Oregon Leads Crowded Women’s Race in Final NCAA Rankings
NEW ORLEANS — Next week’s NCAA championships are likely going to feature two tight team battles with hosts Oregon at the center of both. For the first time this season, the Duck women are No. 1 in the computer team rankings. The U.S. Track & Field and Cross Country Coaches Association (USTFCCCA) released the rankings on Monday. Teams’ point totals in this final edition of the rankings were based on their qualifiers to next week’s NCAA finals in Eugene.
You can watch the women’s team and individual battles on Thursday–mostly prelims–and Saturday–two and a half glorious hours of straight finals–live on ESPN and ESPN2.
The Oregon women will have the most athletes competing at Hayward. Twenty-two Ducks made it out of the West Prelims, five more than qualified for No. 2 Arkansas, seven more than No. 4 Texas A&M, and six more than No. 5 Southern California. (Click here for a full breakdown of who qualified for the NCAA finals in what)
No. 3 Kentucky had the sixth most qualifiers, with thirteen. The Wildcats and Razorbacks stayed in those spots in the rankings for the second straight week, but the other three top-five teams made major moves after the results from Prelims.
No team made a more significant move than Oregon. Robert Johnson’s Duck women moved up from No. 4 to the top spot in the rankings thanks to significant personal bests in the sprints and field and Jenna Prandini safely making it through the first round. Prandini, showing obvious strength and health after missing the Pac-12 championships, has the nation’s second fastest qualifying time in the 100 and 200 and its fifth best long jump.
Prandini didn’t run a leg on their 4×100 meter relay; it’s safe to call that a potential area for Oregon to outscore its projections if she goes for the 1-2-LJ-4×1 quadruple next week.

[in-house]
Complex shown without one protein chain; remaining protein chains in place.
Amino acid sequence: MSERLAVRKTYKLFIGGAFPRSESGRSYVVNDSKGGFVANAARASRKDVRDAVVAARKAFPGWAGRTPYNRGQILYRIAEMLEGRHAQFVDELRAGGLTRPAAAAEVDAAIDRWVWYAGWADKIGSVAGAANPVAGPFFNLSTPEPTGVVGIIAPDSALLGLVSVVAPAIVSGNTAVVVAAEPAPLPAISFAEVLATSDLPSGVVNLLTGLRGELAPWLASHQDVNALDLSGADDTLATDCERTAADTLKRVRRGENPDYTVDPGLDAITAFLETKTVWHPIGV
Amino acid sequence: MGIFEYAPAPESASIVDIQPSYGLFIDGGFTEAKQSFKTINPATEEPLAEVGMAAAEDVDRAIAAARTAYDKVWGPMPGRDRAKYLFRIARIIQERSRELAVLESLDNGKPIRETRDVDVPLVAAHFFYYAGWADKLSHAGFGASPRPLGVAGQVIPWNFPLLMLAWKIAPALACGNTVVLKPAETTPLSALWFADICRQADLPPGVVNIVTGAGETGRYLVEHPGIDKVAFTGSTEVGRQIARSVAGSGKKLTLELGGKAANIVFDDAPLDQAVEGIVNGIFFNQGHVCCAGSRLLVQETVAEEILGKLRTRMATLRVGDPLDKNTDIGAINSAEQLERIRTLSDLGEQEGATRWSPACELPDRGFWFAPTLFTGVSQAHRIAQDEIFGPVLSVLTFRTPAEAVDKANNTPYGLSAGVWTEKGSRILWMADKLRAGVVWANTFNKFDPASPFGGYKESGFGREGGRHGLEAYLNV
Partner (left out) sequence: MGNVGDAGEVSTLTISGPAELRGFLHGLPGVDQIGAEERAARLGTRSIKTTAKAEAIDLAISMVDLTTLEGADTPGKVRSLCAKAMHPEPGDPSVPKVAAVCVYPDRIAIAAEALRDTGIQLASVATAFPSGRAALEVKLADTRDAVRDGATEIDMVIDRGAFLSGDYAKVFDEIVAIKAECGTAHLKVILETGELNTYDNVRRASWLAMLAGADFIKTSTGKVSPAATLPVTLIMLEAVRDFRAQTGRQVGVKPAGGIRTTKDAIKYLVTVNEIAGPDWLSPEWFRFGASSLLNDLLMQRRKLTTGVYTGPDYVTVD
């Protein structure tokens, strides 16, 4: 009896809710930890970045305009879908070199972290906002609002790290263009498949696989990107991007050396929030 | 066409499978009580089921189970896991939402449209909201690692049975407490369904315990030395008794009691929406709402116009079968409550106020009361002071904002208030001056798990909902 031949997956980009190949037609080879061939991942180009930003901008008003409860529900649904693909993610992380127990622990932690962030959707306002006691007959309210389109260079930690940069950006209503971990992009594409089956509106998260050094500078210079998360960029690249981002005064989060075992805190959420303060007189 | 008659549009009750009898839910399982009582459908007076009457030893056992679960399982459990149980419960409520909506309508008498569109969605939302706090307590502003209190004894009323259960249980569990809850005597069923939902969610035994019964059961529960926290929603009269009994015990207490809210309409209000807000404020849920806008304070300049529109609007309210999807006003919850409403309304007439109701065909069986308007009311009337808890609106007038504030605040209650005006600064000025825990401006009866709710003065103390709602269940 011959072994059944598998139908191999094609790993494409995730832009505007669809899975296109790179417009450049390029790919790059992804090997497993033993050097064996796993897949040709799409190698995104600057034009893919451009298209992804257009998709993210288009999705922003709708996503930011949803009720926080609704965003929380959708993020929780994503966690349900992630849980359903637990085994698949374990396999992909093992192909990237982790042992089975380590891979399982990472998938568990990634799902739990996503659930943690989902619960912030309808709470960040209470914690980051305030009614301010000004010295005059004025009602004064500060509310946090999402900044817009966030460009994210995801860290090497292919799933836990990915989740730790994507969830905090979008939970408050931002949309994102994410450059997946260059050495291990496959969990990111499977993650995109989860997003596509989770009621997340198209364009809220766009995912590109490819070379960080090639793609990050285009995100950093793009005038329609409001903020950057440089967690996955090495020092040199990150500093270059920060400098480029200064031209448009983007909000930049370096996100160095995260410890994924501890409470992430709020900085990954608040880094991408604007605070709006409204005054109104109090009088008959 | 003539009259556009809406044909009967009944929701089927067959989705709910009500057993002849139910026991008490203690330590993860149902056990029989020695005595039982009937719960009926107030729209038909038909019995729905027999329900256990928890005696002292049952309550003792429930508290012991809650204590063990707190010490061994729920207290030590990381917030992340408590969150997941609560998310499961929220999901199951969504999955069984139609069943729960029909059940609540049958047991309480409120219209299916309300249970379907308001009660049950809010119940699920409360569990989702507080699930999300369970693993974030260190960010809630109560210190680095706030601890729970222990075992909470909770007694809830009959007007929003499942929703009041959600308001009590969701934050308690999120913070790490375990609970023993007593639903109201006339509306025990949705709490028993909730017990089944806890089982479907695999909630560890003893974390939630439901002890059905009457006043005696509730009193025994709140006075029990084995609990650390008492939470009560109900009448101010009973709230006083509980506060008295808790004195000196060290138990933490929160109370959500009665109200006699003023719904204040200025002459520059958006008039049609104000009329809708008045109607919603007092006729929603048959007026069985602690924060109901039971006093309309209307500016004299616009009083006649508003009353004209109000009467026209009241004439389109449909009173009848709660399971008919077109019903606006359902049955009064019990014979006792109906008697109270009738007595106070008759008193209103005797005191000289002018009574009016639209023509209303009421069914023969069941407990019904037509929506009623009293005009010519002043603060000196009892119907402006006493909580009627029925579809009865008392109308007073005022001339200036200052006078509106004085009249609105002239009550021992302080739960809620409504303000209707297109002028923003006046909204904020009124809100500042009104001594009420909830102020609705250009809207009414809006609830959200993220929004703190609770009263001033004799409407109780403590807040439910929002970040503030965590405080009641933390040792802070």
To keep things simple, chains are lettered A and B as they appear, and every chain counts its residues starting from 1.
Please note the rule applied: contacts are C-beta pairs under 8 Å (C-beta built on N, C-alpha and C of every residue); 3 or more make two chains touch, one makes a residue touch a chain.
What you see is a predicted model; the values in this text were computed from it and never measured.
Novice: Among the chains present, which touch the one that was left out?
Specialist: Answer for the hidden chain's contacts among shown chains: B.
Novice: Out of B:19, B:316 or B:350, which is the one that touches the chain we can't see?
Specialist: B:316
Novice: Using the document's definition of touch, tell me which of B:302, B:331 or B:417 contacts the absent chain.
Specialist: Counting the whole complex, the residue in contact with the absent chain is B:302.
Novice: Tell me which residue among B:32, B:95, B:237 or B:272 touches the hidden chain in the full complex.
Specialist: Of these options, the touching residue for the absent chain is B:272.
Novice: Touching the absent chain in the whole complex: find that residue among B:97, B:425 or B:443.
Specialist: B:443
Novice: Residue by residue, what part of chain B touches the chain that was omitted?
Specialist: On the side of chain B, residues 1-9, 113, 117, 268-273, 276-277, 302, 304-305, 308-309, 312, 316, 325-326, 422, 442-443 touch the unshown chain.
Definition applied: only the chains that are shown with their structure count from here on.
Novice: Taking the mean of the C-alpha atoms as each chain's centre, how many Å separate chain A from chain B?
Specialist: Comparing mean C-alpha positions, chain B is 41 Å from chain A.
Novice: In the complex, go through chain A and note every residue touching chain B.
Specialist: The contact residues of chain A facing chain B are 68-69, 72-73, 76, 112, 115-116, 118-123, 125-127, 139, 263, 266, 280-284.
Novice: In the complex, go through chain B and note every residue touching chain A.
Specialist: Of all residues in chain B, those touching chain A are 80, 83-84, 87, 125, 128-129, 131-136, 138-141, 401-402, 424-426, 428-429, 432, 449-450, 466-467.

Other top five-ranked performers for Oregon include Raevyn Rogers, Jasmine Todd, and Jillian Weir. Rogers set her personal best in the 800 two weeks ago, but Todd (100m) and Weir (hammer) timed their peaks perfectly with personal bests this weekend in Austin. Todd’s 10.89–amply aided by a 3.7 meter per second headwind–is the fastest all-conditions in-season women’s collegiate 100 meters in twenty-six years.
If Oregon were to win, it would be their first women’s outdoor team title since 1985.
Oregon’s 306.71-274.71 points advantage over Arkansas means that this championship is far from locked up. Since the USTFCCCA began releasing team rankings in 2008, the women’s team ranked No. 1 heading into nationals has won the title five out of seven years.
Those years were 2014 and 2011–both title years for Texas A&M. In 2011, Oregon had a more or less meaningless 1.12% lead over TAMU in the rankings and was outscored 49-45 at the actual meet. Last year, Texas had a solid 11.14% computer lead over the Aggies and lost 75-66 on the track.
This year, Arkansas’s thirty-two point deficit equates to a gap of about ten percent. Kentucky (twelve percent), Texas A&M (fourteen percent) and USC (sixteeen percent) are all within striking distance as well, before a larger gap to Florida and Georgia, both of which trail Oregon by more than twenty percent.
This is certainly going to be the most crowded podium battle in the Obama years. For the first time in rankings history–and these statistics refer to the pre-championship rankings–there are four teams within twenty percent of No. 1, and six teams within thirty percent of the top spot. Eight teams with greater than two hundred rankings points is the most in rankings history, and Oregon’s 306.71 is the second lowest among pre-championship leaders.